Haunt #1 (Image Comics)


Spawn creator Todd McFarlane and Invincible/Walking Dead writer Robert Kirkman team up to create Image’s latest horror-tinged hero.


32 pgs. full color; $2.99

(W: Robert Kirkman; A: Greg Capullo, Ryan Ottley, and Todd McFarlane)


Few artists can claim to define a certain era of the comic book industry the way Todd McFarlane defined the early 90s, from his acclaimed runs on Amazing Spider-Man (where he co-created Venom) and Spider-Man (where he shattered single-issue sales records) to his work revolutionizing creator-owned comics with the co-founding of Image Comics and the creation of Spawn. Though McFarlane’s success was due to his art, the amount he’s drawn in the past 15 years barely amounts to a few dozen pages as he instead spent his time expanding his action figure empire, buying expensive baseballs, and trading lawsuits with well-known fantasy writers and former St. Louis Blues hockey players.

Which is what made it equal parts funny and satisfying when Robert Kirkman called out McFarlane at 2006’s San Diego’s Comic Con International, asking him point blank "Why can’t you do a new comic?" The surprise came at the next year’s CCI, when Kirkman and McFarlane announced that the pair had done just that, teaming up to create a mysterious new comic project under the name Haunt, a comic that, after a three-year gestation period (long, even by Image Comics standards), finally hits store shelves on October 7th.

The cover to Haunt no. 1 by Todd McFarlane. Click for a larger image.As a meeting of the minds between the man who defined the Image style and the author of two of the company’s modern day hits (the superhero-done-right Invincible and the never-ending zombie epic The Walking Dead), you might expect Haunt to be a blend of old and new school sensibilities. But Haunt feels very much like a McFarlane comic. The mix of Heaven and Hell, sacred and profane, is on every page: the priest who nails hookers and says "shit" in the confessional, the just-following-orders soldier who bears witness to unspeakable atrocities, the "superhero" who isn’t afraid to perform a head-ectomy on an unsuspecting bad guy.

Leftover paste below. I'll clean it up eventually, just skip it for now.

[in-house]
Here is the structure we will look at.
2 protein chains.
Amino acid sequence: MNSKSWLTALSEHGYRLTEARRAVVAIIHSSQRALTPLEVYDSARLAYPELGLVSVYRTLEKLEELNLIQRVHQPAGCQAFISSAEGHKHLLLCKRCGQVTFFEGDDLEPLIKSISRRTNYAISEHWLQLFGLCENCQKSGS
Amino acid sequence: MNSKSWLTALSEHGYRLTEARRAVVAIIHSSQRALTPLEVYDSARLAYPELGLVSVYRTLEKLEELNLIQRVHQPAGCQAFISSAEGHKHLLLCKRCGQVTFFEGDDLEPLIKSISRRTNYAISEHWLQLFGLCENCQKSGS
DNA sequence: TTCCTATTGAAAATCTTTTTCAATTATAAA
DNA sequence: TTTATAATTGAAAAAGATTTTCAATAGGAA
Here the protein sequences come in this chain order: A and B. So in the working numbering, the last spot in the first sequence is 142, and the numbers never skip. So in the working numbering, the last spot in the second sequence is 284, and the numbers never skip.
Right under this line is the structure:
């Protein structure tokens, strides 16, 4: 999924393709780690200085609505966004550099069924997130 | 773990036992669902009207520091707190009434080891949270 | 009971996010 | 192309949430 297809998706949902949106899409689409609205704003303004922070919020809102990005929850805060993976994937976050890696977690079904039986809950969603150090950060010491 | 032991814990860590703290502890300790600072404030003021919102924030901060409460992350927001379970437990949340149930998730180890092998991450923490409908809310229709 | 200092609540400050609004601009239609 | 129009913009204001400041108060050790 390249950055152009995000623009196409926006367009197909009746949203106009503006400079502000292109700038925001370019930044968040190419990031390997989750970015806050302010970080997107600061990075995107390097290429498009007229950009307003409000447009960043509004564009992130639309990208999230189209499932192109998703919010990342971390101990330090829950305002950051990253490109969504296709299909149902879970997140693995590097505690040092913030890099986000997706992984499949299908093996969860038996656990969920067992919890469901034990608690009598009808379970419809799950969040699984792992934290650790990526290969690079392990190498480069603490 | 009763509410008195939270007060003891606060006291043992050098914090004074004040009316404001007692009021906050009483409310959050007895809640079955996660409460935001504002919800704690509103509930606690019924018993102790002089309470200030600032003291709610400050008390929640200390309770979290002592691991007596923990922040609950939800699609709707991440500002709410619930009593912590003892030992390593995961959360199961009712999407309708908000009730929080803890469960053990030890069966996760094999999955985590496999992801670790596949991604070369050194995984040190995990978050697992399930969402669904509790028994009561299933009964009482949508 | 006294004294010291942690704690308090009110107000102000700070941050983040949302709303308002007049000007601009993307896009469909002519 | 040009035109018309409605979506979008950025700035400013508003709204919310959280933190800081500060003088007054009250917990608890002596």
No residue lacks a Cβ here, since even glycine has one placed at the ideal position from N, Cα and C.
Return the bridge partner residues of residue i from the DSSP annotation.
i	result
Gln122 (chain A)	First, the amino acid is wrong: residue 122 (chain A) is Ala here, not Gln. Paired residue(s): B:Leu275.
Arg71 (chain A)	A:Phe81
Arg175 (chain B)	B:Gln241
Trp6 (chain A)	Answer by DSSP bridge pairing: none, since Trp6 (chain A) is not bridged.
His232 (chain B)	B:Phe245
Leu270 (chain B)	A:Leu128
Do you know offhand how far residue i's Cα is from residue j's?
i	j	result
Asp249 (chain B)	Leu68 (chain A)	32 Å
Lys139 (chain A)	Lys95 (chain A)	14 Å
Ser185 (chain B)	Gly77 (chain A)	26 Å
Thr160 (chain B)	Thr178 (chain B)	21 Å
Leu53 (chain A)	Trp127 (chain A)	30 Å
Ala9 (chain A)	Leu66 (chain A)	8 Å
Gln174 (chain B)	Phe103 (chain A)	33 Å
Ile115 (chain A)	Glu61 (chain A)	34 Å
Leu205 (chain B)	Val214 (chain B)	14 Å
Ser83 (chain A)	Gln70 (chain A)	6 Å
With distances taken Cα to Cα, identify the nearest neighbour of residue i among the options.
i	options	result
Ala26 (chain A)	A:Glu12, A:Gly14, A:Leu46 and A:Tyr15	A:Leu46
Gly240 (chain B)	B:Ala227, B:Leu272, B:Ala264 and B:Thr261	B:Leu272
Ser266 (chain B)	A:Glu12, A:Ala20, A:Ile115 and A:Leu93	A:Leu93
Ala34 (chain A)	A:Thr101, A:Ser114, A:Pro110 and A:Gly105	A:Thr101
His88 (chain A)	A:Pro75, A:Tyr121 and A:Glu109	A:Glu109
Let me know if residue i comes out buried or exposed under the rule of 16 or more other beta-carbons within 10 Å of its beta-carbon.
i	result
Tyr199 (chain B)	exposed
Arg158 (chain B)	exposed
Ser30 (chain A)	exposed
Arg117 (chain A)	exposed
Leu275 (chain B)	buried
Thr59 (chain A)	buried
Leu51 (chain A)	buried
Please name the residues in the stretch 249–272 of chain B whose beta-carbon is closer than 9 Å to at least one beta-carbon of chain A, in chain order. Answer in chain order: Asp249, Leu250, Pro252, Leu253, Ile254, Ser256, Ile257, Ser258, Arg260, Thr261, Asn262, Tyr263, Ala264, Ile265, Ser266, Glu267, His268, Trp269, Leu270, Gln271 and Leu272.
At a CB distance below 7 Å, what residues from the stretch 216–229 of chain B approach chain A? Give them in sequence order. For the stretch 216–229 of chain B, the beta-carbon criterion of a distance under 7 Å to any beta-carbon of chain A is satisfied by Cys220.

It’s weird, wildly violent stuff, but it’s also a visceral thrill, thanks mostly to the dark, evocative artwork. Given the convoluted creative process–McFarlane and Kirkman teamed up on the concept, McFarlane designed the character, Kirkman scripts, longtime Spawn artist Greg Capullo does layouts, Invincible artist Ryan Ottley handles pencils, and McFarlane slings inks–you might expect a disconnect, but all the gears mesh perfectly. Ottley has always proved a versatile artist on Invincible, handling everything from quiet conversations to blood-soaked superhero battles to giant space operas with equal skill, but horror is something he hadn’t ever really approached before. Capullo pulls him even further out of his comfort zone with his typically idiosyncratic layouts filled with long, skinny panels and unusual camera angles, but Ottley nails it all perfectly. Then McFarlane (always a better inker then he was a penciller) works his magic, roughing up Ottley’s usual clean-line style to give it a jagged, dirty look that perfectly suits the material.

The plot barely gets cooking in this first issue, but what little is here makes for an intriguing introduction. Kurt is a guilt-ridden soldier who regularly visits his brother-turned-priest Daniel to give confession for the lives he has to take. For reasons yet to be revealed, Daniel and Kurt are otherwise estranged, and when Kurt sees something he shouldn’t and winds up dead, Daniel has little interest in getting to the bottom of it. Until, that is, mysterious forces bring the two brothers’ destinies together and the new hero Haunt is born.

This first issue is little more than introduction, but what’s here makes for a solid start. Haunt is one to watch for. | Jason Green

Click here for a 10-page preview of Haunt #1, courtesy of Comic Book Resources.

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